Derek, really fine piece you've highlighted to us all! The part about IT and how it's dealt with at Big Pharma has real resonance for me. The IT function at most big pharma is considered a consumable like electricity and has suffered particularly badly from outsourcing. It is also run by the very worst examples of empty suits who excel in the very "fads" (Agile, six and lean sigma, ad nauseum) that Anthony Nichols rightly decries. We now also have to suffer a lot of windbags talking about open innovation and the "Pistoia Alliance". This amounts to said Windbags trying to claim credit for work done at the NCBI, EBI, etc, etc. This scenario is true across big pharma.

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9. Gippy on April 7, 2011 2:22 PM writes...

Whats really killing Pharma?
Whats really killing Manufacturing?
Whats really killing Energy?
Whats really killing EVERYTHING PERTAINING TO A PHYSICAL ECONOMY?

Answer: The Financial Parasites as Usual

Go examine the owners of the Federal Reserve system and examine the last names of the individuals. Takes about an hour.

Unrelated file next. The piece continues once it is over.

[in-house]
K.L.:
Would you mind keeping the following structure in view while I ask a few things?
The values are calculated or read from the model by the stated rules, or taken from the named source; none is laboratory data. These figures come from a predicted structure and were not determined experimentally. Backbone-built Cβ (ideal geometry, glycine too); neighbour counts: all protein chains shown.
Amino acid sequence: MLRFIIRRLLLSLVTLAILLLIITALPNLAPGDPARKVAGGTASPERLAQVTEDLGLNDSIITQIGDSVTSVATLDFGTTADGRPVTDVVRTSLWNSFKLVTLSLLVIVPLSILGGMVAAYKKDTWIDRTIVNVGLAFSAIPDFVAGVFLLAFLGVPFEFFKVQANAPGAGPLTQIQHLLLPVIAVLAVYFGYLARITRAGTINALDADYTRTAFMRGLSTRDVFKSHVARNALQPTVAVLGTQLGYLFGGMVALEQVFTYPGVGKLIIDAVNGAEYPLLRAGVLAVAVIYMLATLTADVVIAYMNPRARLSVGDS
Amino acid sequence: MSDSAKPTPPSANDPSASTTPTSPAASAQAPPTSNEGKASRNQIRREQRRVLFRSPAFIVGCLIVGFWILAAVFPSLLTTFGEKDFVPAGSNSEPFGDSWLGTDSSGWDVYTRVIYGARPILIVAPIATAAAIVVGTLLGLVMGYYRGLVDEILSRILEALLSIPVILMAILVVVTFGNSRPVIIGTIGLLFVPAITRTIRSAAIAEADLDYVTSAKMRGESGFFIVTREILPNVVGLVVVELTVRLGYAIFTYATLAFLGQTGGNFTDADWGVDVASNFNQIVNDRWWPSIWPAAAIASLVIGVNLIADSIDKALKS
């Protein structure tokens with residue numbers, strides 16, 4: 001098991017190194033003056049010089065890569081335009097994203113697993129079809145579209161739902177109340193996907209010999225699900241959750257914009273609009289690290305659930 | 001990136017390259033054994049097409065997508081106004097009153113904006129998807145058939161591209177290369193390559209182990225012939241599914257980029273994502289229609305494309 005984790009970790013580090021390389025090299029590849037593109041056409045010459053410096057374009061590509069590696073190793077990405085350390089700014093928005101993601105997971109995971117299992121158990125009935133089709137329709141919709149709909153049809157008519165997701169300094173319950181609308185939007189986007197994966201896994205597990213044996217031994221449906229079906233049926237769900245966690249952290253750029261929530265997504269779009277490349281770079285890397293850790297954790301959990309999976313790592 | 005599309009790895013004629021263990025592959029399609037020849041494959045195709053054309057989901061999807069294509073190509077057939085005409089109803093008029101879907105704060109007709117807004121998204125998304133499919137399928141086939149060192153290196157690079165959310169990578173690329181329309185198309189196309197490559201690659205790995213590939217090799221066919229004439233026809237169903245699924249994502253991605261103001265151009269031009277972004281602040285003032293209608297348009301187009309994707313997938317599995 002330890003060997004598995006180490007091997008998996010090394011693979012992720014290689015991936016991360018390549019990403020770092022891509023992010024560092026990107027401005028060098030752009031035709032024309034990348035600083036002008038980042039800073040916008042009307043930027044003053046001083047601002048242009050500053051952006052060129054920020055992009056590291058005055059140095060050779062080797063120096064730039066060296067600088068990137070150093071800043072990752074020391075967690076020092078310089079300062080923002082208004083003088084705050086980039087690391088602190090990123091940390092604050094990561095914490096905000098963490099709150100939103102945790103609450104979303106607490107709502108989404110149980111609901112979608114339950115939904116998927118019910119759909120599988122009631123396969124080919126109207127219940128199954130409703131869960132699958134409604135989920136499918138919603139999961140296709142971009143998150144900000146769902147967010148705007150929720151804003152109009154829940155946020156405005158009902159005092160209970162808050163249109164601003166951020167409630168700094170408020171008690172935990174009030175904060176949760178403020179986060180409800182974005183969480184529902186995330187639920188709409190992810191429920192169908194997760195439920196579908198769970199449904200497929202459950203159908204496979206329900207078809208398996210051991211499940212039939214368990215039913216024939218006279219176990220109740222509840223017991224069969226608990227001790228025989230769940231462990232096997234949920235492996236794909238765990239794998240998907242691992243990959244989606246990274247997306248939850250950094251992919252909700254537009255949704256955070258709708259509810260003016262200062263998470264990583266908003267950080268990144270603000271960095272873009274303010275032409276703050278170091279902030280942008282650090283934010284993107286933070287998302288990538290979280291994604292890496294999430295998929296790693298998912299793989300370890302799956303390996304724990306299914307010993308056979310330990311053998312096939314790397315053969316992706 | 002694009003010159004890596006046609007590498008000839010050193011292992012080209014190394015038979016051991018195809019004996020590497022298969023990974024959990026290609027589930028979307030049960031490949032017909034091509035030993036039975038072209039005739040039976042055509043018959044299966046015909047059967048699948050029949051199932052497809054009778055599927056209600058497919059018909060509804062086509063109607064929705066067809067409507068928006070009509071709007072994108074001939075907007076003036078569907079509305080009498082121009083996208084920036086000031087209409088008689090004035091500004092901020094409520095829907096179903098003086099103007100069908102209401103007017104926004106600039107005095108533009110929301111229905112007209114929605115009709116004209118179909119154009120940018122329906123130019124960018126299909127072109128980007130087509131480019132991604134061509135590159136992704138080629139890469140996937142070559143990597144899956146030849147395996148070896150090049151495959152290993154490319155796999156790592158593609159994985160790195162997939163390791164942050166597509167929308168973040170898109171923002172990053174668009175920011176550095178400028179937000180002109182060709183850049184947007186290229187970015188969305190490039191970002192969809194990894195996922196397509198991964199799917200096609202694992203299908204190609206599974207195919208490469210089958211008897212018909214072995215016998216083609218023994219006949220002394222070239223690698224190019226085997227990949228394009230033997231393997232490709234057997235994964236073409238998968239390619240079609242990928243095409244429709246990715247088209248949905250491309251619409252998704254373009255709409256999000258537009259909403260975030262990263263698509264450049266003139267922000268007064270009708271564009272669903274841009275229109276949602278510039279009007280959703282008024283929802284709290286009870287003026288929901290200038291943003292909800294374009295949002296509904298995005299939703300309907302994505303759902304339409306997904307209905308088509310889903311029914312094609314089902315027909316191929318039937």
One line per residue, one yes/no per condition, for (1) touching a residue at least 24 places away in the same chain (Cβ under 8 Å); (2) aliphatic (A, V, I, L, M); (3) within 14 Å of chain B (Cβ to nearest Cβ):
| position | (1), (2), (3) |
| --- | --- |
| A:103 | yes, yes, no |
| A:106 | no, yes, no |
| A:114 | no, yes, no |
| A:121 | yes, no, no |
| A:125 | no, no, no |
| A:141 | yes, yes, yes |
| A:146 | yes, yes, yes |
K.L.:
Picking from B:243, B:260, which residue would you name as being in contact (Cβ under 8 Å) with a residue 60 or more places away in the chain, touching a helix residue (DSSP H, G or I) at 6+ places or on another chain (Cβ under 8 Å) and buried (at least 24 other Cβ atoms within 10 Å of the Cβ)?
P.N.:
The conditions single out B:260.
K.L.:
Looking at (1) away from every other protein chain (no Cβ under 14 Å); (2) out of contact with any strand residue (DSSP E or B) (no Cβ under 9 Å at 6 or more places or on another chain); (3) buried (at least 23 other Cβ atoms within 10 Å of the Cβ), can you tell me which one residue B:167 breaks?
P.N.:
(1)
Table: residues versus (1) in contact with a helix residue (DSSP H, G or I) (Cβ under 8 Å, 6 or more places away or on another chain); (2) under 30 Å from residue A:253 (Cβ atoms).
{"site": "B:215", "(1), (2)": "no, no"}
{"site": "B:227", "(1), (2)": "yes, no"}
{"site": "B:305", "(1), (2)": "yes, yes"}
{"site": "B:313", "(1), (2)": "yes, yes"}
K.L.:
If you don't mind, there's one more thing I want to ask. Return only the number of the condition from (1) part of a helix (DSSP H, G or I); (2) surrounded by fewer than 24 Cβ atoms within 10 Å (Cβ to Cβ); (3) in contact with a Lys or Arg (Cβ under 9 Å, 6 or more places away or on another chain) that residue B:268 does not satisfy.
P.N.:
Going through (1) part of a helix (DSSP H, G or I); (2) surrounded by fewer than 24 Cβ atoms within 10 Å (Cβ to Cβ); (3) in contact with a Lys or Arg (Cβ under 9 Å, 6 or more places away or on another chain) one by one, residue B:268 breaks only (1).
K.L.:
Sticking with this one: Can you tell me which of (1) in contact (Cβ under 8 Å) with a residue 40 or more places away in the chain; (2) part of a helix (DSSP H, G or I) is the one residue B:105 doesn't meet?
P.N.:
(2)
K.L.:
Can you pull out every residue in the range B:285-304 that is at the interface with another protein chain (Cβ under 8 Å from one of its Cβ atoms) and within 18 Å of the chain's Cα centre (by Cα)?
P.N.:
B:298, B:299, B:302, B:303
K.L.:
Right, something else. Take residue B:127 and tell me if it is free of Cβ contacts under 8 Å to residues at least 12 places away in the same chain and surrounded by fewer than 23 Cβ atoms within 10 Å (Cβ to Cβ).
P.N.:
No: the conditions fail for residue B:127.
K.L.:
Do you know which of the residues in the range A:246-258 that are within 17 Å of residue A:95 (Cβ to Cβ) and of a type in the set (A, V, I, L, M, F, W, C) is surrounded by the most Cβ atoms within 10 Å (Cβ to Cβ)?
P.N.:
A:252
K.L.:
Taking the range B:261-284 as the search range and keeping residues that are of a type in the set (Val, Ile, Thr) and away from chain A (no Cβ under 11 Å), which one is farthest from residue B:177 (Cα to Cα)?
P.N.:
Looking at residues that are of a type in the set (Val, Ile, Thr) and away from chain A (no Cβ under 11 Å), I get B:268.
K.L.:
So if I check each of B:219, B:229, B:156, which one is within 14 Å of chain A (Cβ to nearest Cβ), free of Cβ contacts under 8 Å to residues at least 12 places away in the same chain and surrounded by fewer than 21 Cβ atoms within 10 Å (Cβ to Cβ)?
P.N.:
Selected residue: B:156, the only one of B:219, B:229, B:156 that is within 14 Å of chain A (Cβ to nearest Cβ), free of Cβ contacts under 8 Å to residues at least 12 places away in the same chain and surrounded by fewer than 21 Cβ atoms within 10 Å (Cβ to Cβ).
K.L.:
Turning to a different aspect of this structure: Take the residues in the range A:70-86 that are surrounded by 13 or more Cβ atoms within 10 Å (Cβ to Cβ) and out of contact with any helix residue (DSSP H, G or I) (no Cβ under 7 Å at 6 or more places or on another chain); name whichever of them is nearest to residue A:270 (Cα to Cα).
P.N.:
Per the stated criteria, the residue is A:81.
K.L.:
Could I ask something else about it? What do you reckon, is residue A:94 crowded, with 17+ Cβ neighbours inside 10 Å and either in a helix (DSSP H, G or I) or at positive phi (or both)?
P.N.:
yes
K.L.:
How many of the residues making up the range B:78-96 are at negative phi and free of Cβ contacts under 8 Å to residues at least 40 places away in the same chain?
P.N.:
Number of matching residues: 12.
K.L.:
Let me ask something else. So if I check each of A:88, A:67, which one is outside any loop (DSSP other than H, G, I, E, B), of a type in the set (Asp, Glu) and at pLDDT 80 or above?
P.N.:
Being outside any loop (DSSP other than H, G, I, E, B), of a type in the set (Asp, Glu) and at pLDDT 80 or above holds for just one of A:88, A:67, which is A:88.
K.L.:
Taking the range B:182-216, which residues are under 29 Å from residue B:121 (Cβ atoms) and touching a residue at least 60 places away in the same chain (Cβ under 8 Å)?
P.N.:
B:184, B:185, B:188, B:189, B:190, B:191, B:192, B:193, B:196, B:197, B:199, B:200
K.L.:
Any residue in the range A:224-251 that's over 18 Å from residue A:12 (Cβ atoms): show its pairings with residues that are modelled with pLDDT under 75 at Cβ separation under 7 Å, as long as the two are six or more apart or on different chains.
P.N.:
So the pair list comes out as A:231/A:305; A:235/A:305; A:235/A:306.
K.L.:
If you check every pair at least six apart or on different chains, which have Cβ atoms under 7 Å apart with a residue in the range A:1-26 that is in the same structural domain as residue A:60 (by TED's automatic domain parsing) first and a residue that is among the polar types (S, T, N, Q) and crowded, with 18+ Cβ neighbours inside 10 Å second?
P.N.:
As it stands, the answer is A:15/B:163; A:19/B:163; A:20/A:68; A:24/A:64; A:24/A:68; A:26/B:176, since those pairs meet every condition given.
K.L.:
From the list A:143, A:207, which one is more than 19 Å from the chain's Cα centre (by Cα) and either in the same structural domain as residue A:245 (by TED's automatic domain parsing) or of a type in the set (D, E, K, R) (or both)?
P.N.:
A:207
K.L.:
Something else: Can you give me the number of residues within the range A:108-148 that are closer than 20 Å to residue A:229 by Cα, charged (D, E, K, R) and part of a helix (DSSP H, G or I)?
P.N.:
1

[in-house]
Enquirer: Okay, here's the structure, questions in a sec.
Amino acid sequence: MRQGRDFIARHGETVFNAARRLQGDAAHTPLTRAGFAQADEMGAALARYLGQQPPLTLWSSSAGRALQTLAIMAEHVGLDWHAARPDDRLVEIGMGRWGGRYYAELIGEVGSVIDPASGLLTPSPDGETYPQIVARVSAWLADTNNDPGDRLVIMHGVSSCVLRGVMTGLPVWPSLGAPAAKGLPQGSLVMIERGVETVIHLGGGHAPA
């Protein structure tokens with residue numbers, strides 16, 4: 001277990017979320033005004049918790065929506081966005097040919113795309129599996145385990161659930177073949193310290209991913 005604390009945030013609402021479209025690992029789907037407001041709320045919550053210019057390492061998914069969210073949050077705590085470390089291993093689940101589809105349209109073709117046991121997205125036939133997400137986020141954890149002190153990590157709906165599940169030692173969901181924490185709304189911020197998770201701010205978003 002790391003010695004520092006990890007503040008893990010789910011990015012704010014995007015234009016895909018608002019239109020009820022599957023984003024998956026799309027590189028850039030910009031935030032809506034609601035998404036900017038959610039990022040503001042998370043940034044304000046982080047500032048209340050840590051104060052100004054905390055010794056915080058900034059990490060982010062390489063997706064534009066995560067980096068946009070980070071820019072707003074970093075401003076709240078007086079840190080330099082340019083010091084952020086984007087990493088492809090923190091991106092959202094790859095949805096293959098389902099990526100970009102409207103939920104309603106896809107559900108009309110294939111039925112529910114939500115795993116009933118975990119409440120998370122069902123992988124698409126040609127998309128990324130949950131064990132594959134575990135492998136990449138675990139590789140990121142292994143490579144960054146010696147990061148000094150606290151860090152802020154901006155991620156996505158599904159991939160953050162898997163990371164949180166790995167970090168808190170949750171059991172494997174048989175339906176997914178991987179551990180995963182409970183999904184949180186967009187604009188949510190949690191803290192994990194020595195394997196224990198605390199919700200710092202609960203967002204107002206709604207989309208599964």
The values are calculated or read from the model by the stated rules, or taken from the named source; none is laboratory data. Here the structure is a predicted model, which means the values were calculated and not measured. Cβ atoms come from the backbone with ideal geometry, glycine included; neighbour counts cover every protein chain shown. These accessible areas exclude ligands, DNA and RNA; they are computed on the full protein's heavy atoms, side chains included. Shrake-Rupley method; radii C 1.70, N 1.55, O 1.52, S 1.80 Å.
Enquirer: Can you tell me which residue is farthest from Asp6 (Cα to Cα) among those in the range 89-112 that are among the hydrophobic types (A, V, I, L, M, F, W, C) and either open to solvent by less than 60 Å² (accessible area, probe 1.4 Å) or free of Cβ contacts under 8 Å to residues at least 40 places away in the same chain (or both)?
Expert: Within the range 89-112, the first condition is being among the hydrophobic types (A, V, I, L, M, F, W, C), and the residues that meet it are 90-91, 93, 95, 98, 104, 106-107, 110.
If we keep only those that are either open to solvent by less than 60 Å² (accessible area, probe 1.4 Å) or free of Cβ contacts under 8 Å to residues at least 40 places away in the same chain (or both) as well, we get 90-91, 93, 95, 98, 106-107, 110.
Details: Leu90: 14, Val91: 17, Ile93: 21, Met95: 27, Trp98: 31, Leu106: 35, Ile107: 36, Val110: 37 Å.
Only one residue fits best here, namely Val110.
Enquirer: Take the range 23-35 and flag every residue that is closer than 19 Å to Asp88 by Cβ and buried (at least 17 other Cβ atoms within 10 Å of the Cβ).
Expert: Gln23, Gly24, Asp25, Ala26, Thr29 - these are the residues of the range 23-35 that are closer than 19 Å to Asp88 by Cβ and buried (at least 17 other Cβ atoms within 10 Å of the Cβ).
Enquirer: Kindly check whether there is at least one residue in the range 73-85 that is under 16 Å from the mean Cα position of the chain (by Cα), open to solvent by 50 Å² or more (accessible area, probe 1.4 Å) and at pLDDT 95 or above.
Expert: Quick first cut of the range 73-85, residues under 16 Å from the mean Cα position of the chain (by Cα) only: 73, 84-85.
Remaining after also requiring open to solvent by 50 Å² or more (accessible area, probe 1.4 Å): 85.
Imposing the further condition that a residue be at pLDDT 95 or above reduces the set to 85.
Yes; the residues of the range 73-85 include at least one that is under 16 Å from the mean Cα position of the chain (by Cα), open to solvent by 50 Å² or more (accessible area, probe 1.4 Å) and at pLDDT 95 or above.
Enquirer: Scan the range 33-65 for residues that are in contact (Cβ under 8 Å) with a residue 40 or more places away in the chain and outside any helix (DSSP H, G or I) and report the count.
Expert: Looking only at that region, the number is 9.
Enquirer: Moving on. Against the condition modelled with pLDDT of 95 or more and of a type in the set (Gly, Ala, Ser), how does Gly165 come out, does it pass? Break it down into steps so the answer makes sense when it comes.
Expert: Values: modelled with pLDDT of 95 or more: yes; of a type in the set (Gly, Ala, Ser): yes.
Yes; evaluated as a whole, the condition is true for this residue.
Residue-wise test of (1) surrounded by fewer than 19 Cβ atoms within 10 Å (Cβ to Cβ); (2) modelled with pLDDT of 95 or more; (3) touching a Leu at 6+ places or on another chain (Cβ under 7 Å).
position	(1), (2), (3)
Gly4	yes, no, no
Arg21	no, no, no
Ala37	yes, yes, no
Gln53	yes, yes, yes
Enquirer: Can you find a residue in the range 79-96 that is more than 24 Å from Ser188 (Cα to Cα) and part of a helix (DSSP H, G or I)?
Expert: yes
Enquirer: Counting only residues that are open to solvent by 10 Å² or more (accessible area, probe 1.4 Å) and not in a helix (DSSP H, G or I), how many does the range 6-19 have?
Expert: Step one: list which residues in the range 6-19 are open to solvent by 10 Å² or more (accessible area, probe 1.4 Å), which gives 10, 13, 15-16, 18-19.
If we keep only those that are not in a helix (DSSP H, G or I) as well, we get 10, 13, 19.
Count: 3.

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10. CancerBio on April 7, 2011 2:22 PM writes...

"Define the vision, get and keep the right people..."
I could not agree more. I've heard on more occasion than one of research department heads/directors having to cut good talent because of bad management decisions. These companies are too top heavy (non-scientific MBAs). I've since divested my large-cap pharmaceutical investments; I don't see how these companies will stay at the top if they don't have good science pushing them up.

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11. Tt on April 7, 2011 2:24 PM writes...

Dearest "agilist",
You are, hands down, then funniest troll on this blog. Keep up the funny commentary.